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   I think it's a good idea to read the material safety data sheet for the West Systems hardener.  If I remember correctly it says that the hardener remains in an actively hazardous state even after the epoxy cures.  It also states that the hardener is absorbed through the skin so in addition to a respirator it may be a good idea to wear a bunny suit when sanding epoxy.

   That's just an FYI.  I'm not any kind of expert (well actually I am, but my expertise has nothing to do with chemistry or biology)  :)

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3 hours ago, Action Tiger said:

I already have plans for the next “big” build after this. Well, not “plans”, but we’re drawing them...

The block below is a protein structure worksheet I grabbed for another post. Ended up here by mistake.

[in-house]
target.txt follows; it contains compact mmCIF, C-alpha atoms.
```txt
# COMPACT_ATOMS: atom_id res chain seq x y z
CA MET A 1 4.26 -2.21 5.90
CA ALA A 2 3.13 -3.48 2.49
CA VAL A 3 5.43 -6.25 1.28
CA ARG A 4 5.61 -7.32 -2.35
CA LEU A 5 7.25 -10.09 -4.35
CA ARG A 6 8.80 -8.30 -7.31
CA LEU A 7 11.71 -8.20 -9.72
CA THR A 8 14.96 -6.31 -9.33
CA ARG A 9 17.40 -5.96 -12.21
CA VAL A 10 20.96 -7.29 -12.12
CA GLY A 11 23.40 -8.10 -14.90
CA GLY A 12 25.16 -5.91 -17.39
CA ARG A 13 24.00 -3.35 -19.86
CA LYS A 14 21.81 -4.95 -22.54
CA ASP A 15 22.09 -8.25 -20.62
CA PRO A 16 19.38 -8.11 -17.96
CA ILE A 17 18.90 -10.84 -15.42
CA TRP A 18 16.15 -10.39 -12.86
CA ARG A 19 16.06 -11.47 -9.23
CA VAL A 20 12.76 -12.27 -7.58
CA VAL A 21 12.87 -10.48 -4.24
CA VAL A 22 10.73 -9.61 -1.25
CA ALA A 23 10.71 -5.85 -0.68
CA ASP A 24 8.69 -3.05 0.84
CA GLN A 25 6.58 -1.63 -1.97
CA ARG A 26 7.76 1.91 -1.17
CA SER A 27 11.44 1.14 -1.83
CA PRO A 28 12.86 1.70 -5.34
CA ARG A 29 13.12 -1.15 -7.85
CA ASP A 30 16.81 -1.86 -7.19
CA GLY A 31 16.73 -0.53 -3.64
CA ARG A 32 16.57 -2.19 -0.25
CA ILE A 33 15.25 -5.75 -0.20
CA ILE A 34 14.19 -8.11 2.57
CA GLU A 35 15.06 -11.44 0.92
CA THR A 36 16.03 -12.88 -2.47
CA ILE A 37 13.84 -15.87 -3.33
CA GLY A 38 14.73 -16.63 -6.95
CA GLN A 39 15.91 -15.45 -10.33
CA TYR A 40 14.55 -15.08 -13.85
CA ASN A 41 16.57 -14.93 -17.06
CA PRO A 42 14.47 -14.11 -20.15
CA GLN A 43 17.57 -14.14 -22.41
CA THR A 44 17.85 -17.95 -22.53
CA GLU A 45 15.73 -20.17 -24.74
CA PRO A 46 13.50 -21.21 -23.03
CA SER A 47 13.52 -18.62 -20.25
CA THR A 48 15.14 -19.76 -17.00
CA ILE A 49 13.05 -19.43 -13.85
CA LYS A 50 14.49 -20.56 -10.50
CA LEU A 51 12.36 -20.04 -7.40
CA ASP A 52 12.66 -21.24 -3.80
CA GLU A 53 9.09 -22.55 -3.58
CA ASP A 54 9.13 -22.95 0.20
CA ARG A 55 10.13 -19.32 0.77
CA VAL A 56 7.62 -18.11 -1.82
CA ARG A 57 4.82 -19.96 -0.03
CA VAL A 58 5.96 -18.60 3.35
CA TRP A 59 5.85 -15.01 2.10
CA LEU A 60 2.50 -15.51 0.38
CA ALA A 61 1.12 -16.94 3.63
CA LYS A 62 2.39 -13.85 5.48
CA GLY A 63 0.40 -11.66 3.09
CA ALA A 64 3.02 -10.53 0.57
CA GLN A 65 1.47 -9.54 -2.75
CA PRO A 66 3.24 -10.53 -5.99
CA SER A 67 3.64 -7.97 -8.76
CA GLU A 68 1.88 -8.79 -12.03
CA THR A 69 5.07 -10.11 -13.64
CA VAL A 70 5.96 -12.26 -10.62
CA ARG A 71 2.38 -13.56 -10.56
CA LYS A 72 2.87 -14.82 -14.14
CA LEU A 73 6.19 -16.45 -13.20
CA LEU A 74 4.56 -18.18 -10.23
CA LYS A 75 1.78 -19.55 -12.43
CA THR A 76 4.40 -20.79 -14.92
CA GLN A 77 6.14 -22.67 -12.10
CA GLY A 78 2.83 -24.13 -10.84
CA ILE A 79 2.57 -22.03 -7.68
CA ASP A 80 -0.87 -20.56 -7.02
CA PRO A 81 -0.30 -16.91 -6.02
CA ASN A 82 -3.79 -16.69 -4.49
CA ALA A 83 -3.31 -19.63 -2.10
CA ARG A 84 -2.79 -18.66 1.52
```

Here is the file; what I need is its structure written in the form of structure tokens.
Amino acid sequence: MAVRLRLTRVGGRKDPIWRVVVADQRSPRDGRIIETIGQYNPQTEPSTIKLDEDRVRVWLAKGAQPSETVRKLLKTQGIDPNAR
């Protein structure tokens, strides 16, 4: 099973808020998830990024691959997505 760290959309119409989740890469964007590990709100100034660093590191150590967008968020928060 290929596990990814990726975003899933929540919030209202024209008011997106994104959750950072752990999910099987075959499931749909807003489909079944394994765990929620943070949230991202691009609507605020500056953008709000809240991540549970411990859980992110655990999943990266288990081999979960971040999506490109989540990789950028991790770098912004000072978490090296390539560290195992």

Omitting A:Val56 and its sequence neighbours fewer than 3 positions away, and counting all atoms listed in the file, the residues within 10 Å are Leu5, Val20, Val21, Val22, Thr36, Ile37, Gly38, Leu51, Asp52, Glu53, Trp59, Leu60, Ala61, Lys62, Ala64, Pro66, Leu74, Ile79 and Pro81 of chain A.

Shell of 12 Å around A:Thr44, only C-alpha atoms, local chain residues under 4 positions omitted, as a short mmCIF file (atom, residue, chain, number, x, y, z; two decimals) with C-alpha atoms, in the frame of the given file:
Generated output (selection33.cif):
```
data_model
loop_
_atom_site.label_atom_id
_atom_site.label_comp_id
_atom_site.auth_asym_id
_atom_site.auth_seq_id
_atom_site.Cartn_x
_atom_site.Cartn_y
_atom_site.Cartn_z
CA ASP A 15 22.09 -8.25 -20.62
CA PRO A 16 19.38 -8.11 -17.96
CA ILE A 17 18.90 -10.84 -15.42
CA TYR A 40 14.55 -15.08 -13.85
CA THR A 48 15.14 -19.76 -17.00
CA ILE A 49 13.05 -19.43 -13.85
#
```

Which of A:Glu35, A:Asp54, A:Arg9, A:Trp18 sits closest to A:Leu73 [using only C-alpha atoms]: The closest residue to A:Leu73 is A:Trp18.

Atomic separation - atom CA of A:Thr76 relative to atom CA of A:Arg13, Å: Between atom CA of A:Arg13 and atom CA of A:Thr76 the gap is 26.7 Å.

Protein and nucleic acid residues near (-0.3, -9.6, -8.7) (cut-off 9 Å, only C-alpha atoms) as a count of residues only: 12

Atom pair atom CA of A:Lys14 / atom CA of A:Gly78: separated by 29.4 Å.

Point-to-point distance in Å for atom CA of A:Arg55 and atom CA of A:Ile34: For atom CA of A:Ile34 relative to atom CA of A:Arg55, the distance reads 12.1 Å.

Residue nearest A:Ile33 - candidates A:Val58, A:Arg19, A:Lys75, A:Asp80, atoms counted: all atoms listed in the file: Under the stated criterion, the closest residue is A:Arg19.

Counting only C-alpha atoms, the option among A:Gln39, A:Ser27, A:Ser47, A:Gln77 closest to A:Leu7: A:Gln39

NOW what are ya gonna build? i just can't keep up wif ya! So, is that where the "Action Tiger" comes from? All the boat building "action"?

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The kids want a trimaran. Who am I to say no? They were after a certain model, but we’ve since decide not to build that’un. Well, some really smart boat designer told us to not to, but in so many words. Some kid who sailed some canoe somewhere or somesuch. ;) Yeah, were doing one from scratch, Dude.

 

A little mouse and I are designing one. Really, I am doing the work, and the mouse runs the computer. I don’t get along with computers, but those softwares are handy little blobs of blips.

 

Now, mind, too, almost all these boats I fart around with are  just silly little additions to our armada. Or go live with the somone who really wanted a boat just like that, but wouldn’t ask...